Ingham County Animal Control and Shelter has one full-time veterinarian, one veterinary technician and six full-time animal control officers.
It’s not enough, said shelter manager Heidi Williams.
“We desperately need more vet assistants. We have a vet who performs thousands of surgeries and medical procedures every year and we don’t have backup,” she said.
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Voters in the Aug. 2 primary will be asked to support an eight-year 0.20 mile that would allow the shelter to add three staff members: an animal control officer, a veterinarian and a vet tech, Williams said.
In 2016, voters passed 0.24 miles for the shelter to build its current Mason site and expand staff to 11 positions, which have been filled over the past six years, Deputy County Comptroller Teri Morton said. Since expiring mileage funded those positions, she said the shelter needed new mileage to continue funding those jobs and add three more.
“These new positions would bring the total staff of ICACS to 30 full-time staff, with 16 funded from the general fund and 14 funded from mileage,” Morton wrote in a memo to the Law and Courts Committee about of the new proposal. “Additional staffing is expected to cost approximately $363,000 per year.”
If approved, the mileage would bring in about $1,685,500 in the first year, depending on the language of the ballot.
“For the sole purpose of maintaining financial support for the services and operations of the County Animal Control Program, including equipping, funding, and operating the services of the County Animal Control Program and Animal Shelter” , indicates part of the proposed mileage.
Morton said a taxpayer whose home has a assessed value of $75,000 would pay $15 a year. This is a decrease of about $3 from the expiry rate, which is 0.2393 due to a Headlee pullback.
Ingham County Commissioners passed the 2022 budget on October 26, 2021, which included a $211,288 increase for animal control beginning in 2021.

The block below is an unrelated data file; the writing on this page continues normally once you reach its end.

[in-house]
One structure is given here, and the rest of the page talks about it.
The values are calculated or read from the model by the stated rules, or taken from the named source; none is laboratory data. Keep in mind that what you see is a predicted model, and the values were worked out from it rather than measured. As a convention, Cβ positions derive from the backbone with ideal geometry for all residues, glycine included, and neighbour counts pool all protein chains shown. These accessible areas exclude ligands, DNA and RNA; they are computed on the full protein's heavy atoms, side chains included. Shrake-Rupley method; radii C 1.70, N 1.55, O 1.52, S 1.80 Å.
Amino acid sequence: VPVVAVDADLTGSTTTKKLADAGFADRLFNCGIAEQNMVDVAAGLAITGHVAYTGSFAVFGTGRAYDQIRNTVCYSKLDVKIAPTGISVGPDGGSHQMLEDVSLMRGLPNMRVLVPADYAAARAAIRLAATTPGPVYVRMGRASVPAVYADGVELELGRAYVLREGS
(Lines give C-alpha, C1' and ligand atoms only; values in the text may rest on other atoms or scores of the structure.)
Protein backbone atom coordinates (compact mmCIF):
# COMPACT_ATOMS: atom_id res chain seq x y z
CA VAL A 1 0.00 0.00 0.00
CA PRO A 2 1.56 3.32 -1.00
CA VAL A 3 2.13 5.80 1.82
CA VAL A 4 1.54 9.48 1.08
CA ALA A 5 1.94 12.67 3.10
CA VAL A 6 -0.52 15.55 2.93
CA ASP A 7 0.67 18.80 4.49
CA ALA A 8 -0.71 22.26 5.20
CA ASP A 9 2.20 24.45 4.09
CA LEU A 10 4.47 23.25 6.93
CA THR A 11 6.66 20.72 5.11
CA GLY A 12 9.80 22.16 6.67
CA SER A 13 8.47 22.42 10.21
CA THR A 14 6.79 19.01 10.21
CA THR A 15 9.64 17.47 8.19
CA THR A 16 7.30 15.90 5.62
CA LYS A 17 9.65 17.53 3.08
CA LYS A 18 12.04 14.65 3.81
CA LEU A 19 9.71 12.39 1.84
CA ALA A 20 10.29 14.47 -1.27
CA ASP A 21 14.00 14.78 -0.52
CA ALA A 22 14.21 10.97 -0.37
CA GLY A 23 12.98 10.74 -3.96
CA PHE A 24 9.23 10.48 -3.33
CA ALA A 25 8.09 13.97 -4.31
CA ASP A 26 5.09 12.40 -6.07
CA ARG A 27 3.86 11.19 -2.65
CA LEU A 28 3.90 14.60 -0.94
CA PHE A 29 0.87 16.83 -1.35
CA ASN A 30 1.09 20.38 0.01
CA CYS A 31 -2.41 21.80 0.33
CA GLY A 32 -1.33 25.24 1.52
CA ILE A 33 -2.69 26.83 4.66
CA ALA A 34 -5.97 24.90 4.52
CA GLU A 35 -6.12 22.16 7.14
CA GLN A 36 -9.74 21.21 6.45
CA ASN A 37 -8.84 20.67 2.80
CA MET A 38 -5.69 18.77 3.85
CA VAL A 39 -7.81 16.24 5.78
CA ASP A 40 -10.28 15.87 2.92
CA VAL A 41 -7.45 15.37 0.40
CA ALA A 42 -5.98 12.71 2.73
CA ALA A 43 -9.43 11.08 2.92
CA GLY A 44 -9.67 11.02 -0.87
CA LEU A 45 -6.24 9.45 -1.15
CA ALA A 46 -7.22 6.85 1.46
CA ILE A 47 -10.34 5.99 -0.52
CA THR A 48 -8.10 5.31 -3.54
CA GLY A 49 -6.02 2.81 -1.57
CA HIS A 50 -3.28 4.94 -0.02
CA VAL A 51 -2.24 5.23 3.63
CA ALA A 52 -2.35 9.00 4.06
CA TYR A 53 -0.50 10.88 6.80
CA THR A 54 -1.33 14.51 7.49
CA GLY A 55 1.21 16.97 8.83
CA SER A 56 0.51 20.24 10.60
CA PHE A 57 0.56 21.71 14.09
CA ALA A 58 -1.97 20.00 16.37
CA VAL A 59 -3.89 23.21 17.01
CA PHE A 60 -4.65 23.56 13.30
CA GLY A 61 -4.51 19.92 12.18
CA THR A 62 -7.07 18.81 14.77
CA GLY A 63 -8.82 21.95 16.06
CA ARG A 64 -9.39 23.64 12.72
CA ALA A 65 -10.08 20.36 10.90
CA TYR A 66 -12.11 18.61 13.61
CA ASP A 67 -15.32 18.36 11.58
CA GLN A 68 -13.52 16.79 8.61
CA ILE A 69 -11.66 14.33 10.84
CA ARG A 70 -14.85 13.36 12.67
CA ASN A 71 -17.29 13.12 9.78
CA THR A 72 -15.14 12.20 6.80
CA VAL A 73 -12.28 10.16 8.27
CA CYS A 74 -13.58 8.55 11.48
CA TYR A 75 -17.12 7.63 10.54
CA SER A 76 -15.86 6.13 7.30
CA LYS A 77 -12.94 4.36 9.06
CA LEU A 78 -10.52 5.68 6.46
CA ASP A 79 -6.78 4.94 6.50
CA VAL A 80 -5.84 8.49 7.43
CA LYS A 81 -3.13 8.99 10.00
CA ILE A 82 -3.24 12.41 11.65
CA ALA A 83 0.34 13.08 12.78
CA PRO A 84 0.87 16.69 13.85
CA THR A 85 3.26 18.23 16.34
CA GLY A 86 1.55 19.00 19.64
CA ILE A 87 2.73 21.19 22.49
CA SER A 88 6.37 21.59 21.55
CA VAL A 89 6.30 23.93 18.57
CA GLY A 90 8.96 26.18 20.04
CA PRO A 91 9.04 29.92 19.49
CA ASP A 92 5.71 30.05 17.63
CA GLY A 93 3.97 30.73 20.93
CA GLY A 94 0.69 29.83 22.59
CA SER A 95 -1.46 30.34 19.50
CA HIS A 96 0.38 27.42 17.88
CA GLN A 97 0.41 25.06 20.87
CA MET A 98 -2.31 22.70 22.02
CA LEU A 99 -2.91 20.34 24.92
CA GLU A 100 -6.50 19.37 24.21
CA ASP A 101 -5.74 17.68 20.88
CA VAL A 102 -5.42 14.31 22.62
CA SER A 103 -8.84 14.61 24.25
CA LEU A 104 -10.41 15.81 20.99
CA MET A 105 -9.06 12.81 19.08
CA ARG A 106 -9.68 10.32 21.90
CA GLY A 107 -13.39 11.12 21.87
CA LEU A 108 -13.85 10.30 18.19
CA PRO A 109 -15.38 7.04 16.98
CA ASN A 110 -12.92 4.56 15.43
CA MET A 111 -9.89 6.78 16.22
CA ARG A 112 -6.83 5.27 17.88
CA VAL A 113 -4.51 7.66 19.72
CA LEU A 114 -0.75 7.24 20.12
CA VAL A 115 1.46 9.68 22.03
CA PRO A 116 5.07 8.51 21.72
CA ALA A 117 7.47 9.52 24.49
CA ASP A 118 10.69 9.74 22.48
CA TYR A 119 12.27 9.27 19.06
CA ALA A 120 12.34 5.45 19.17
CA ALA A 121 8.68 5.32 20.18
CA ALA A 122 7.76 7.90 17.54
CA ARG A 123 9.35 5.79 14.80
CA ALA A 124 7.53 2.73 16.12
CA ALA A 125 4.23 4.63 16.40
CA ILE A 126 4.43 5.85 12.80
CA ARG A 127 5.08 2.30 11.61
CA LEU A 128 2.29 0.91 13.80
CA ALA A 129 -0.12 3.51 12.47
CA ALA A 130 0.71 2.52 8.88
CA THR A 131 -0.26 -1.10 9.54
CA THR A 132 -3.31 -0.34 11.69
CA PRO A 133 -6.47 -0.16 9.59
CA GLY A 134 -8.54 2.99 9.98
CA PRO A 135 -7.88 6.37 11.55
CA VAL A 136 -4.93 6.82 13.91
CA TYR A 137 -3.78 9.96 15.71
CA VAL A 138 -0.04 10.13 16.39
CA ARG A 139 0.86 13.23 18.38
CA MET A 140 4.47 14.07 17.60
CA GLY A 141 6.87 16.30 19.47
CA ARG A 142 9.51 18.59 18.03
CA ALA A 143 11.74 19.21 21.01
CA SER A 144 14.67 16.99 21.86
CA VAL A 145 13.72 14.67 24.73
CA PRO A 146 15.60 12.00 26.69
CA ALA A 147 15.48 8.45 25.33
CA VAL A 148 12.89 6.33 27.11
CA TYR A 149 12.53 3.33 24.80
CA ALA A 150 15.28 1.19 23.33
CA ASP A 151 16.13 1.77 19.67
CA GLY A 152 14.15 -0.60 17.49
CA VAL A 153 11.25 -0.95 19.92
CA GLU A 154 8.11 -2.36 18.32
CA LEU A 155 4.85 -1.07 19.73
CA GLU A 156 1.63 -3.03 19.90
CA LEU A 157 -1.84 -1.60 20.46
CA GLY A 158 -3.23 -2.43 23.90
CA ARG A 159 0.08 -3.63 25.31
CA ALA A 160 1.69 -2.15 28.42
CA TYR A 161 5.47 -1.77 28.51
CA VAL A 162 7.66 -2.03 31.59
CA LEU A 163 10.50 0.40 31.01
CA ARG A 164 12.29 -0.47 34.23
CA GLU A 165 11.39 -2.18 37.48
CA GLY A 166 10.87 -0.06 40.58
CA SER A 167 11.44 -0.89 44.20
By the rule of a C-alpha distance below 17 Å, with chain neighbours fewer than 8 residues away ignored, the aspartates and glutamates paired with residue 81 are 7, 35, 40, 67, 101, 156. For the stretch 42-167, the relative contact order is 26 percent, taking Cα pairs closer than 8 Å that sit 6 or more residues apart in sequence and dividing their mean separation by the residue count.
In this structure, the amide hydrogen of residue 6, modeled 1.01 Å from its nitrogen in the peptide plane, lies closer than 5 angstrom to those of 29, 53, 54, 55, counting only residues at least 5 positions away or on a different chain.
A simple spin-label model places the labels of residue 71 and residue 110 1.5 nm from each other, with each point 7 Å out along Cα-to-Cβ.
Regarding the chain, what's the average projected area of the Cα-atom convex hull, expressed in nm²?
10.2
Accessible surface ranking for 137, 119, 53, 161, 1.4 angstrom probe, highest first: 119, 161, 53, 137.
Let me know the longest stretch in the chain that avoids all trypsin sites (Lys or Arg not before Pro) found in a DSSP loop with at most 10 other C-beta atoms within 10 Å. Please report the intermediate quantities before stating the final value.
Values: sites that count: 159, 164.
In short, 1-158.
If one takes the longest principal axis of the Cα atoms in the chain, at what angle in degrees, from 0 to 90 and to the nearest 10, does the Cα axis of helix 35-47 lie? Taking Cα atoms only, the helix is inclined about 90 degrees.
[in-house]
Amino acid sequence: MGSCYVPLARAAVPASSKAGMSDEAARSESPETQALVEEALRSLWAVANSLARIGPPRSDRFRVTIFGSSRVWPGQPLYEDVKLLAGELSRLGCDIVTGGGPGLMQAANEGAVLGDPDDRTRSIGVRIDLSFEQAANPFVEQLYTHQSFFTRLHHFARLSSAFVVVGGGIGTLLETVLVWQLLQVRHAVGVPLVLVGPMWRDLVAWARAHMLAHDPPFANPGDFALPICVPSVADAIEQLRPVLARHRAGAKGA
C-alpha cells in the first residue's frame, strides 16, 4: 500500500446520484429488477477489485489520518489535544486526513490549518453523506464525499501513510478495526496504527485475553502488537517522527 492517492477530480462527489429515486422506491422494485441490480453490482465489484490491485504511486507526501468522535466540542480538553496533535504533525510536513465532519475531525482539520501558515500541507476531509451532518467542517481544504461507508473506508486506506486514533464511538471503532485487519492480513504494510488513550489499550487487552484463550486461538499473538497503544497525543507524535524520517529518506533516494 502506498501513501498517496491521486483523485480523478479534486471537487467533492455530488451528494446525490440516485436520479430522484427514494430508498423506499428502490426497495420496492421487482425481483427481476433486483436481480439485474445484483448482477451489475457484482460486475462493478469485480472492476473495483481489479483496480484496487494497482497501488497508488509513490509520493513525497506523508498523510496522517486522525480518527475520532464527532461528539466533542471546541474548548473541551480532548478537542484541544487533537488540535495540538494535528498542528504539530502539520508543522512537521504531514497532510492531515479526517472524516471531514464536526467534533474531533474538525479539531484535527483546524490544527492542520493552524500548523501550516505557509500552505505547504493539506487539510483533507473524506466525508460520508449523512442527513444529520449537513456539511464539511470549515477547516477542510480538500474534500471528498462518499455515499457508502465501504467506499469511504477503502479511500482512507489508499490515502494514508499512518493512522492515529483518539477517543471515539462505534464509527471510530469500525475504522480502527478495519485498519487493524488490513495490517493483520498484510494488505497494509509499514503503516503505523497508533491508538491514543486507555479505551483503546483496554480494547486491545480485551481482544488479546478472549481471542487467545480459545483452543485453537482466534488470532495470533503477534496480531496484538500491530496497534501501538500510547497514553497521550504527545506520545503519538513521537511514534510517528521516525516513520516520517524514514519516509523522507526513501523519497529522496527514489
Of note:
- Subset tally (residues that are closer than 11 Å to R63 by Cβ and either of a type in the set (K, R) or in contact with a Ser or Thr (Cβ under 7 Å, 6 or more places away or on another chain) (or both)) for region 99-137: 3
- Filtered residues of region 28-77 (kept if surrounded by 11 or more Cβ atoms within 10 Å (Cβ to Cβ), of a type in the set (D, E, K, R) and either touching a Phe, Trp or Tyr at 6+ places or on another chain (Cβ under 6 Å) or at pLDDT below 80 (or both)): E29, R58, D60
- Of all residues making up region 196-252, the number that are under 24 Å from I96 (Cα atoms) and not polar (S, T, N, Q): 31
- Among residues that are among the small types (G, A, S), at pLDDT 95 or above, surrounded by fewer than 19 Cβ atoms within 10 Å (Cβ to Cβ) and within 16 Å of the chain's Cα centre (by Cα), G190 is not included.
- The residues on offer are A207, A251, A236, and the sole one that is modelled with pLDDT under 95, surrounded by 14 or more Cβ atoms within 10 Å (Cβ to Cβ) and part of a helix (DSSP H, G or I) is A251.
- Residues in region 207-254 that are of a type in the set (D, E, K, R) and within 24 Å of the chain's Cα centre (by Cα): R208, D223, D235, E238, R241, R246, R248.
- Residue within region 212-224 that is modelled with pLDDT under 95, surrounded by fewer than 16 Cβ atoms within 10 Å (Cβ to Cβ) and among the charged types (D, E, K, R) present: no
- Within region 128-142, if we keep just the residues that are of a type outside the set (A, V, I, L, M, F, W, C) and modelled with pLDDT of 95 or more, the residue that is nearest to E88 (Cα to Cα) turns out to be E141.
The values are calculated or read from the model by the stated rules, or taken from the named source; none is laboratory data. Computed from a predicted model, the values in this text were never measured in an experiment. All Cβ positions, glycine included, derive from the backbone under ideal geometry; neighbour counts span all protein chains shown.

The Animal Control department operates on a budget of $2,759,755 and has 27 full-time staff.
Why does the shelter need the mileage?
Ingham County is overcrowded with cats, but the shelter has no room to board these cats and they are not required to keep them, Williams said.
If the mileage passes, Williams said the shelter can start a neuter trap release program for stray cats. The Michigan Humane Society, Macomb County Animal Control and Livingston County Animal Shelter are among other shelters in the state with the program.
The program would have kennels on hand for residents or staff to capture a stray cat and bring it to the shelter for neutering. After that, his ear is tilted and the animal is released.
“That will be the only solution to the cat overpopulation problem,” Williams said.
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Veterinary tech Sami Beckley operated on a number of animals on Wednesday. She was the only one there and said it was stressful and you had to multitask.
When the regular vet is out of the office, Beckley said she steps in for procedures.
“As I’m the only one who can do this job, I have to make sure everyone is trained and the animals are taken care of,” she said.
What happens if voters don’t go the mileage?
If voters don’t pass the mileage, Morton said, the three additional positions would go unfilled. And it is possible that the existing 11 positions of the current mileage funds will be eliminated.
“Or the county should identify other sources of funding for them or a combination of those two options,” Morton added.
Still, if it passes, Williams said the priority is getting people on board to create the TNR program.
“We want to start this program and we want to continue it,” she said.
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